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Number of painters: 177
Last update: Saturday Sept 17, 2022

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Martha Mayer Erlebacher


Drawing on the tradition of early American painting and its roots in the classical still life tradition, Erlebacher sets up a lively dialogue between natural and man-made forms. Reminiscent of the Peale family's works of the 18th and 19th centuries, Erlebacher's interest lies in creating art that is both intellectually insightful and purely beautiful.

With almost obsessive precision, Erlebacher portrays her subjects bathed in dramatic light. Her complex arrangements of ripe fruit juxtaposed against antique redware and stoneware culled from her extensive personal collection are rigorously grouped in the artist's search for balance and beauty. The work is further informed by a tension between light and dark; the artist remains conscious of the interplay and grouping of silhouettes and shapes as well as the dissolution of forms into her shadowy backgrounds. Indeed, the works touch on abstraction in the way the objects are absorbed into the darkness against which they rest.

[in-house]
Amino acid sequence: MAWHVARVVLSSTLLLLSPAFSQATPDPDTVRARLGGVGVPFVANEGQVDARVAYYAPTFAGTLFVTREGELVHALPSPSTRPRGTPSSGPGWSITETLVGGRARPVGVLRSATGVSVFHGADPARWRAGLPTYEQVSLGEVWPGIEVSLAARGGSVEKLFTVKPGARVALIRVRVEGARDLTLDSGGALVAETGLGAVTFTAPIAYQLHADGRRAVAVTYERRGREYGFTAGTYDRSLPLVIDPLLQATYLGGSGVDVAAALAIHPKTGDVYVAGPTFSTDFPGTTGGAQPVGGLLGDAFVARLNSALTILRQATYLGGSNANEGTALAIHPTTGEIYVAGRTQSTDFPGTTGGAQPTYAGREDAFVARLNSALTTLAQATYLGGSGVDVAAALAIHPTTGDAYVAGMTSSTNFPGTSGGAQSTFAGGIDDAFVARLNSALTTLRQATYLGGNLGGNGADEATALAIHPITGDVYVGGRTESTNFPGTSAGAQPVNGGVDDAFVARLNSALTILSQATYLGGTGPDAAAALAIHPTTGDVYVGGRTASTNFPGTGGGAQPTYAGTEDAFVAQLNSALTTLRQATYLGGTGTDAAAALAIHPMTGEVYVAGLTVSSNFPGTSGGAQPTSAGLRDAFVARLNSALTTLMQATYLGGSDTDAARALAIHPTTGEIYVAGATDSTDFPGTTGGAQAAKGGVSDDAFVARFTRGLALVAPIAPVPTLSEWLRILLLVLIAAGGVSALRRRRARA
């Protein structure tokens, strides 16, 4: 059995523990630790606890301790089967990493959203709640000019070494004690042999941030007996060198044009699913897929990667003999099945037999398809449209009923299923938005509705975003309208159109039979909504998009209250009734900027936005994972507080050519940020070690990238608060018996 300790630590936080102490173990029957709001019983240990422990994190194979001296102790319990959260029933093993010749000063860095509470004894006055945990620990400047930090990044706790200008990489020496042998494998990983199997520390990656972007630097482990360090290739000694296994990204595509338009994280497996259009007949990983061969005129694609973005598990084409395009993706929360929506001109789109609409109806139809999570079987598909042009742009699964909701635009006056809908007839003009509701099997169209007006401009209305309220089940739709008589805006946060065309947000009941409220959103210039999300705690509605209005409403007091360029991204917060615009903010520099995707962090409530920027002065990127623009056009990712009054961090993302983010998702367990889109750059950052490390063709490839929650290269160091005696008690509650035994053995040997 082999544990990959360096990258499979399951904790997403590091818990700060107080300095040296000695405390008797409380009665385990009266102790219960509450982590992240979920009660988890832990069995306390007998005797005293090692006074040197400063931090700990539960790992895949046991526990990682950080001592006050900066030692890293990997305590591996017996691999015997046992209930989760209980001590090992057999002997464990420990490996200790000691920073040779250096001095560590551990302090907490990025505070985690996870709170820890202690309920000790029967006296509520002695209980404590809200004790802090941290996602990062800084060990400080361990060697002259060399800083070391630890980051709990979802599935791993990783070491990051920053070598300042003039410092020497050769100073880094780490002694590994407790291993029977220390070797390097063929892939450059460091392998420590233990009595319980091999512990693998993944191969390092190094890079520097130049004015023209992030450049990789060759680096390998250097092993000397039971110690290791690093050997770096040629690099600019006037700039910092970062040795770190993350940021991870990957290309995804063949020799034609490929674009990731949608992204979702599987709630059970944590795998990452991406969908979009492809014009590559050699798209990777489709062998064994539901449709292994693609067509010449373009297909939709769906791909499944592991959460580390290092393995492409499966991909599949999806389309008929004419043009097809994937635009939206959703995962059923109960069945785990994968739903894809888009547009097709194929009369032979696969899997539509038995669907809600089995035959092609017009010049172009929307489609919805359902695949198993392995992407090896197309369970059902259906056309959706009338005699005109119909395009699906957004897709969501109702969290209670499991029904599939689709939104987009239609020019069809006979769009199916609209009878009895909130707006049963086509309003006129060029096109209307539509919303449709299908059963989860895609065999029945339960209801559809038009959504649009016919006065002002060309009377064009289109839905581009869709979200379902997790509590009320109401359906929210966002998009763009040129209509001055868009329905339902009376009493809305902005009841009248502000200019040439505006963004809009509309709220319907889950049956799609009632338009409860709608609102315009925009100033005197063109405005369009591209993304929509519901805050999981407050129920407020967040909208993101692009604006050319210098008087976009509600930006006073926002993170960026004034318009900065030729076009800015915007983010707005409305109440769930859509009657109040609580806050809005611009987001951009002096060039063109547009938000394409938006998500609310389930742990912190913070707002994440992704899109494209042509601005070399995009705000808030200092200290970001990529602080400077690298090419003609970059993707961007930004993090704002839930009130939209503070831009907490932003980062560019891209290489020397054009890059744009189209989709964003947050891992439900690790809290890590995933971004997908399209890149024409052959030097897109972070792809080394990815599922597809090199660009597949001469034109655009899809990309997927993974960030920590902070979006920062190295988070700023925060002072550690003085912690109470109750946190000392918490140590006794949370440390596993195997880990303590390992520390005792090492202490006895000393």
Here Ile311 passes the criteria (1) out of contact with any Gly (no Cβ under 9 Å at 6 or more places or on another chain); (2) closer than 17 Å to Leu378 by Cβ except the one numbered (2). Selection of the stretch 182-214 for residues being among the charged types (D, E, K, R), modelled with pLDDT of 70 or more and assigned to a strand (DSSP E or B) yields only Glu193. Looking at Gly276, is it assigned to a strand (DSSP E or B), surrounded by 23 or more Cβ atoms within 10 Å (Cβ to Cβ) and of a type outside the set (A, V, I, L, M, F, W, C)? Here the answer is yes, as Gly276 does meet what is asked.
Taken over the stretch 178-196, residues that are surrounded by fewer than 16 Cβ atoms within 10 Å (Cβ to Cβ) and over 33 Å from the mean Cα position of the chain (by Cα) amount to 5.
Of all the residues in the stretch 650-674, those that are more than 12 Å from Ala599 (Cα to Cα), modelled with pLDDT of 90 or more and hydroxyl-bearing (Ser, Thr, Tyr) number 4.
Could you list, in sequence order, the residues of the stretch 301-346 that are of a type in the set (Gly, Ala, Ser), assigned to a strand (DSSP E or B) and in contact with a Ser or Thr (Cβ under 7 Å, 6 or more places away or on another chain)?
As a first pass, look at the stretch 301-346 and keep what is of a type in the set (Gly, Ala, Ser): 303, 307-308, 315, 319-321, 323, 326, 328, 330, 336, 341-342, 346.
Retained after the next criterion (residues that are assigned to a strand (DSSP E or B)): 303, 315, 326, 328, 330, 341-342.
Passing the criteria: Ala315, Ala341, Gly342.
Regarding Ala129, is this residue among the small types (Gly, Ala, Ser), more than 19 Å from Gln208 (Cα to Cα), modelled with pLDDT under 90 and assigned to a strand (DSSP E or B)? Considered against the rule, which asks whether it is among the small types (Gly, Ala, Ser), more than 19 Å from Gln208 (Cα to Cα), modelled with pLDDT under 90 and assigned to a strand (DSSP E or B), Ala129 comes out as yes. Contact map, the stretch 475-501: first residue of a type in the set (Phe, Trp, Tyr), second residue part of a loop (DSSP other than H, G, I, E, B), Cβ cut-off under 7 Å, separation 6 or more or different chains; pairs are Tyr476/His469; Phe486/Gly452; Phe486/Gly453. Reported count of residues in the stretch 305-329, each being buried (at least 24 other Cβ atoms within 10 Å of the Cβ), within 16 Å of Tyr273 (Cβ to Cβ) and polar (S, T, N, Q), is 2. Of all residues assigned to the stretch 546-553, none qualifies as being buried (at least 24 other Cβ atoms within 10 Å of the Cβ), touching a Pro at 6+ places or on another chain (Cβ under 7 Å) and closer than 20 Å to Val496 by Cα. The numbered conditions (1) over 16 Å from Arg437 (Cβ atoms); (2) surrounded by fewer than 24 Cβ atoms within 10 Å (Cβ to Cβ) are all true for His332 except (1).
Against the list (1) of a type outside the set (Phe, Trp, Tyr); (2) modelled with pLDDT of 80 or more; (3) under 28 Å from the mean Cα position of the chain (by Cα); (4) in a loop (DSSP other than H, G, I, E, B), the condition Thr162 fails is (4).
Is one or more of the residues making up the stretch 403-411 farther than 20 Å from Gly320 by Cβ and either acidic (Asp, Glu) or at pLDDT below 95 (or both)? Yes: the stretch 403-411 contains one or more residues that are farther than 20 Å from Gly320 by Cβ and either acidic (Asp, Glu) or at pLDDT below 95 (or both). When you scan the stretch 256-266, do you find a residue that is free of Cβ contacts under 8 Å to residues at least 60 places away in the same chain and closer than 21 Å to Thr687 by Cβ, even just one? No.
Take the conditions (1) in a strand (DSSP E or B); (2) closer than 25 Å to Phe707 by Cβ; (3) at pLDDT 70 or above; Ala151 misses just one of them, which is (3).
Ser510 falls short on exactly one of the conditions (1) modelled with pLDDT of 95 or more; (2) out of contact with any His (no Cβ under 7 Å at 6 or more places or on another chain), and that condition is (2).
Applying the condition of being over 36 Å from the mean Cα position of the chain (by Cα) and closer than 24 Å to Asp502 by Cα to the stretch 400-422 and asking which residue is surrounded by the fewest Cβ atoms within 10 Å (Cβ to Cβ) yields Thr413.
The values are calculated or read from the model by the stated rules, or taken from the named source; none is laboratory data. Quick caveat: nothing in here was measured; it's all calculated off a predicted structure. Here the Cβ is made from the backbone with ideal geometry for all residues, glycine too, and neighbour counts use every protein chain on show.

Nectarines (2002) is a superb example of Erlebacher's tautly balanced harmonies. Several ceramic pieces, their polished and pocked surfaces so highly rendered as to almost create the effect of trompe l'oeil are posed against brilliant nectarines and a casaba melon. Reflected light plays on the dark surfaces of the vessels while the abundant fruit are alive with bright color. The composition and lighting draw the eye across the painting in an alternating zigzag from foreground to background.

Erlebacher exhibits regularly on both coasts and her work is represented in the collections of the Philadelphia Museum of Art, the Art Institute of Chicago, the Cleveland Museum of Art, and the New Jersey State Museum, among others. Erlebacher has taught and lectured extensively at the Philadelphia College of Art and the New York Academy of Art. This is her second exhibition at Hackett-Freedman Gallery.